The European Commission failed on Thursday, November, 9, 2017 to secure EU member states’ support for the renewal of the license for the controversial weed killer glyphosate which expires December 15.
The commission had proposed shortening the licensing period from 10 years to five, but there was “no qualified majority for the renewal at a vote,’’ Luxembourg’s Environment Minister posted on Twitter.
“Luxembourg voted against renewal and prolongation. Good outcome for our health and environment,’’ added Carole Dieschbourg.
According to an EU diplomat, 14 countries voted in favour, nine against and five abstained at a meeting of a special committee of EU member-states.
Glyphosate inhibits the growth of unwanted plants.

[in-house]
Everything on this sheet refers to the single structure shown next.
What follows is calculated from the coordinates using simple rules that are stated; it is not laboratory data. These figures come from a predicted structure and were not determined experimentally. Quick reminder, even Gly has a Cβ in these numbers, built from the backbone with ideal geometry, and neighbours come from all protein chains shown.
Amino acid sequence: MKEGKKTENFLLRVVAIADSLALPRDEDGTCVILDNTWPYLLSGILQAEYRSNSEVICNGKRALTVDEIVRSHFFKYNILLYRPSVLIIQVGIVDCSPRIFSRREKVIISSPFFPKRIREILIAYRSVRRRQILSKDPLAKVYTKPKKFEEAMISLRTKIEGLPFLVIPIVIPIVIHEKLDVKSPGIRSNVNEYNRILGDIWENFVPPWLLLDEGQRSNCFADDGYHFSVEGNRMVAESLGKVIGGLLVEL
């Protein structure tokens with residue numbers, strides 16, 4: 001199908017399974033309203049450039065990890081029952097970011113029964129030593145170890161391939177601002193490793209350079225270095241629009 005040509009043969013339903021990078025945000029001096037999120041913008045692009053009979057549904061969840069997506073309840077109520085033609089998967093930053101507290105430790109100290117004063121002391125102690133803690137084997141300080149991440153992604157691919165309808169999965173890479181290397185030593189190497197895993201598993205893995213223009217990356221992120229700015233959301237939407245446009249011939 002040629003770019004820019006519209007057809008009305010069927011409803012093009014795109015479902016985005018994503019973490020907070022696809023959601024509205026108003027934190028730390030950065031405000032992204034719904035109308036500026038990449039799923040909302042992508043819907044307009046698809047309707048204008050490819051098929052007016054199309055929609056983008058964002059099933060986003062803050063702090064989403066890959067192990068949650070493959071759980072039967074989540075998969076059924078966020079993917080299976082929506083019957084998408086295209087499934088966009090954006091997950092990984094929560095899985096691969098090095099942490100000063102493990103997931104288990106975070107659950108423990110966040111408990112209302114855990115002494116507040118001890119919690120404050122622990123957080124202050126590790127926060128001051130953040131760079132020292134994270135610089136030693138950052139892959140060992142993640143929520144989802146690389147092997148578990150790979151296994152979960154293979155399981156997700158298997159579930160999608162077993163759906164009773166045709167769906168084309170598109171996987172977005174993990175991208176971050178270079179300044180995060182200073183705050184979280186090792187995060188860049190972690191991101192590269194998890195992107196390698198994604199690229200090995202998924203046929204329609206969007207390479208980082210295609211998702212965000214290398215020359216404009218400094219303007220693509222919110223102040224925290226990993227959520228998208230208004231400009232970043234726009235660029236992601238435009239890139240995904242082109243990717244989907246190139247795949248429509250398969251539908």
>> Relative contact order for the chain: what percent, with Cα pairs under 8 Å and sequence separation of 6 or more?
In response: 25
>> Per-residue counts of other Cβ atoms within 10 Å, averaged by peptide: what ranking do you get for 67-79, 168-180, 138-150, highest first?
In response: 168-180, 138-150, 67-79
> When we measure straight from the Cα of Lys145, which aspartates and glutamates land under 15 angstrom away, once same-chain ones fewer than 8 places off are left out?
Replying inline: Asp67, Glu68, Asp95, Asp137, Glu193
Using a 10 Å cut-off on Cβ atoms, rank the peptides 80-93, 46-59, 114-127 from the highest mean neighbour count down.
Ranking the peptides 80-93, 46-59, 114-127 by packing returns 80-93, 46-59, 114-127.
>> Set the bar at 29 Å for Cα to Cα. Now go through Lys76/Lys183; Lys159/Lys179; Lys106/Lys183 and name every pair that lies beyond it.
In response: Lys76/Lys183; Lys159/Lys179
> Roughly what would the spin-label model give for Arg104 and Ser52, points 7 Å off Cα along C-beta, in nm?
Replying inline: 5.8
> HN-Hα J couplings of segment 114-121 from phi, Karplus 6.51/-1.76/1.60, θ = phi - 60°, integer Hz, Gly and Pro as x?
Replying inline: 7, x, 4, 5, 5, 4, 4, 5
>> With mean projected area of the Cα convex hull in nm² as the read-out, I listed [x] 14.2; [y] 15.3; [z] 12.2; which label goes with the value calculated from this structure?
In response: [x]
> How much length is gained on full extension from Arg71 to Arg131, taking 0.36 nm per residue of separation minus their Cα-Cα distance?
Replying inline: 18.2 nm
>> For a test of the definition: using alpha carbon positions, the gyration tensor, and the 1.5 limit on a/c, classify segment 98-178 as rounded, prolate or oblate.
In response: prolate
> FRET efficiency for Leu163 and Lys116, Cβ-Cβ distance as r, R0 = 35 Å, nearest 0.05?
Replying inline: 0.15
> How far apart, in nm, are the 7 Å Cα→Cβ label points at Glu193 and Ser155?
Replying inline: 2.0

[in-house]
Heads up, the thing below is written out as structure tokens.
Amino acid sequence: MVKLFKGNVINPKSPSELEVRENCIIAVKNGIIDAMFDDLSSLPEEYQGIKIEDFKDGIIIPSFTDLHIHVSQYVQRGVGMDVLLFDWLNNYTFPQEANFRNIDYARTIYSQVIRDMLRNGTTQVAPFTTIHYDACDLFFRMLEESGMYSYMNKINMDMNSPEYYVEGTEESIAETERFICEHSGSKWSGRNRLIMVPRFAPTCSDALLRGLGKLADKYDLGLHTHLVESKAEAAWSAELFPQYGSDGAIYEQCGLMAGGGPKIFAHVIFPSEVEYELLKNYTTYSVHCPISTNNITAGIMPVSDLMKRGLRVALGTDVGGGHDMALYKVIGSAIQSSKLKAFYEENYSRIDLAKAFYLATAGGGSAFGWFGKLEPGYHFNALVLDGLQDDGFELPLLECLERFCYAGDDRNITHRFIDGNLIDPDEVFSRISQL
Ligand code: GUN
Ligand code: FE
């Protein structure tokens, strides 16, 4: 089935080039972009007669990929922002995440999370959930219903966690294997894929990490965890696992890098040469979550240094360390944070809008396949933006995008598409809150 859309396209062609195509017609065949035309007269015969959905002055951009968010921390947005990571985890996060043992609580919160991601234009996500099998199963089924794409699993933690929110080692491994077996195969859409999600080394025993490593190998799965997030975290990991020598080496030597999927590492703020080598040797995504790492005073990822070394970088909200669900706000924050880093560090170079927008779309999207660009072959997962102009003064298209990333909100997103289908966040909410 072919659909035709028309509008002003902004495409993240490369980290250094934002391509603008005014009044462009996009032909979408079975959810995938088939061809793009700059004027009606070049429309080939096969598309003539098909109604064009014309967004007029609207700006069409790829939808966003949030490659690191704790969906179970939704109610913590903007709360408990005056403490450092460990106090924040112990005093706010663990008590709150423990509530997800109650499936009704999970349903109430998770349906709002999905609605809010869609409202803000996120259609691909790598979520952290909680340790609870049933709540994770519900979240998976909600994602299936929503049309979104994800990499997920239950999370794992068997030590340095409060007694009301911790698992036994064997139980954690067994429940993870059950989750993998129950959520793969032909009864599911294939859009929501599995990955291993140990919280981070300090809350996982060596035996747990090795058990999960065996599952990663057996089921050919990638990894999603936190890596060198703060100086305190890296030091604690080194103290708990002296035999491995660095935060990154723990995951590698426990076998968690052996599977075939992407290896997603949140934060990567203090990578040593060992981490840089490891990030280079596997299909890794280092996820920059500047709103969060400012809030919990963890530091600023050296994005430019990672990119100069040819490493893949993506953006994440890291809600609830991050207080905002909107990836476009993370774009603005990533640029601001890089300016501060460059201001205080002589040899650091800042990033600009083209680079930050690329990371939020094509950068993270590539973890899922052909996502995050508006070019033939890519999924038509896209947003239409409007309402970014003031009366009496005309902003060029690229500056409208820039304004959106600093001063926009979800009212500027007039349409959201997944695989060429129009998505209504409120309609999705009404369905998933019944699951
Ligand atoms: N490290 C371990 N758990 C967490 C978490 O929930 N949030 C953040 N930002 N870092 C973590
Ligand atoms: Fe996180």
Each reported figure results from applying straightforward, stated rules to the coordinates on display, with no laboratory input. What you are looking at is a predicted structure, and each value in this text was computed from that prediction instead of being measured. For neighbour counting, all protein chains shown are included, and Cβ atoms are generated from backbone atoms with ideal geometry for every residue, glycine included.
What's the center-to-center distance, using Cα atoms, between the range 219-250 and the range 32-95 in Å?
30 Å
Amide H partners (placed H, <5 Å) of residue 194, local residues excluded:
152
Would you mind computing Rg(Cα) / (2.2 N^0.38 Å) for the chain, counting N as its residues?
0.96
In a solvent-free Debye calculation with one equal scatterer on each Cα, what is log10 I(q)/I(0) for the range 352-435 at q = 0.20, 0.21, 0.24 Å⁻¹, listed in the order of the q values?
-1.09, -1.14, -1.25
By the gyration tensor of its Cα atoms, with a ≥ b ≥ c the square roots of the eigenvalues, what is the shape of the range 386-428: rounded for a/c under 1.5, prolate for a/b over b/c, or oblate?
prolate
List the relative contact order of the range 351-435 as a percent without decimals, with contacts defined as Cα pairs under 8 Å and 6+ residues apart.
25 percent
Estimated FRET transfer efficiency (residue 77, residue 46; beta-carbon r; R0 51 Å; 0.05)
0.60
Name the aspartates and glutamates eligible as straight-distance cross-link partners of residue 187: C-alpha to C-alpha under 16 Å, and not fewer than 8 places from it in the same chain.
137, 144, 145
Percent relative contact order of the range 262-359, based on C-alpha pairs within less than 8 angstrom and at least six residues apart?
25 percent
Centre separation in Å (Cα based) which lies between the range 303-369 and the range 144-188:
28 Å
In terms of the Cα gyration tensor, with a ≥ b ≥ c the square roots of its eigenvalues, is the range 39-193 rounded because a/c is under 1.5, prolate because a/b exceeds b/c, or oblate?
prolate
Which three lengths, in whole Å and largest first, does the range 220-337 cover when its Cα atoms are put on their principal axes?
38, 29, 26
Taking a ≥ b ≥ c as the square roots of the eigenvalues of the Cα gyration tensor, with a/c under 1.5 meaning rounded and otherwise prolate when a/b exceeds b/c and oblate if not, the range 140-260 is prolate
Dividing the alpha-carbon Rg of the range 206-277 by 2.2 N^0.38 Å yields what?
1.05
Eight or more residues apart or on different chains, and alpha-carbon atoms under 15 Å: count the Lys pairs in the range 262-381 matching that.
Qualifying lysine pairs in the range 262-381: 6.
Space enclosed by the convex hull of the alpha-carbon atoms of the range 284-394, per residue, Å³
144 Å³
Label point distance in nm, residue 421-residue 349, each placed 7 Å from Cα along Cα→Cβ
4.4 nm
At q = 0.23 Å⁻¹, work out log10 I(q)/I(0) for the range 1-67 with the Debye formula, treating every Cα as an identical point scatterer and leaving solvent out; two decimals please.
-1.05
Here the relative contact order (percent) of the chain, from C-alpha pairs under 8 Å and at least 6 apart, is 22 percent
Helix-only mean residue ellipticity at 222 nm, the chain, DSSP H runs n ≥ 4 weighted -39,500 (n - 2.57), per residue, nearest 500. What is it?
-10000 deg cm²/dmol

It is widely used in farming and to control plants in domestic and urban settings.
Its use has been questioned amid concerns that it may cause cancer.
In 2015, the World Health Organisation (WHO) stated that glyphosate probably causes cancer, although a subsequent UN study reached different conclusions.
The European Food Safety Authority and the European Union’s industry watchdog have not identified its link to cancer.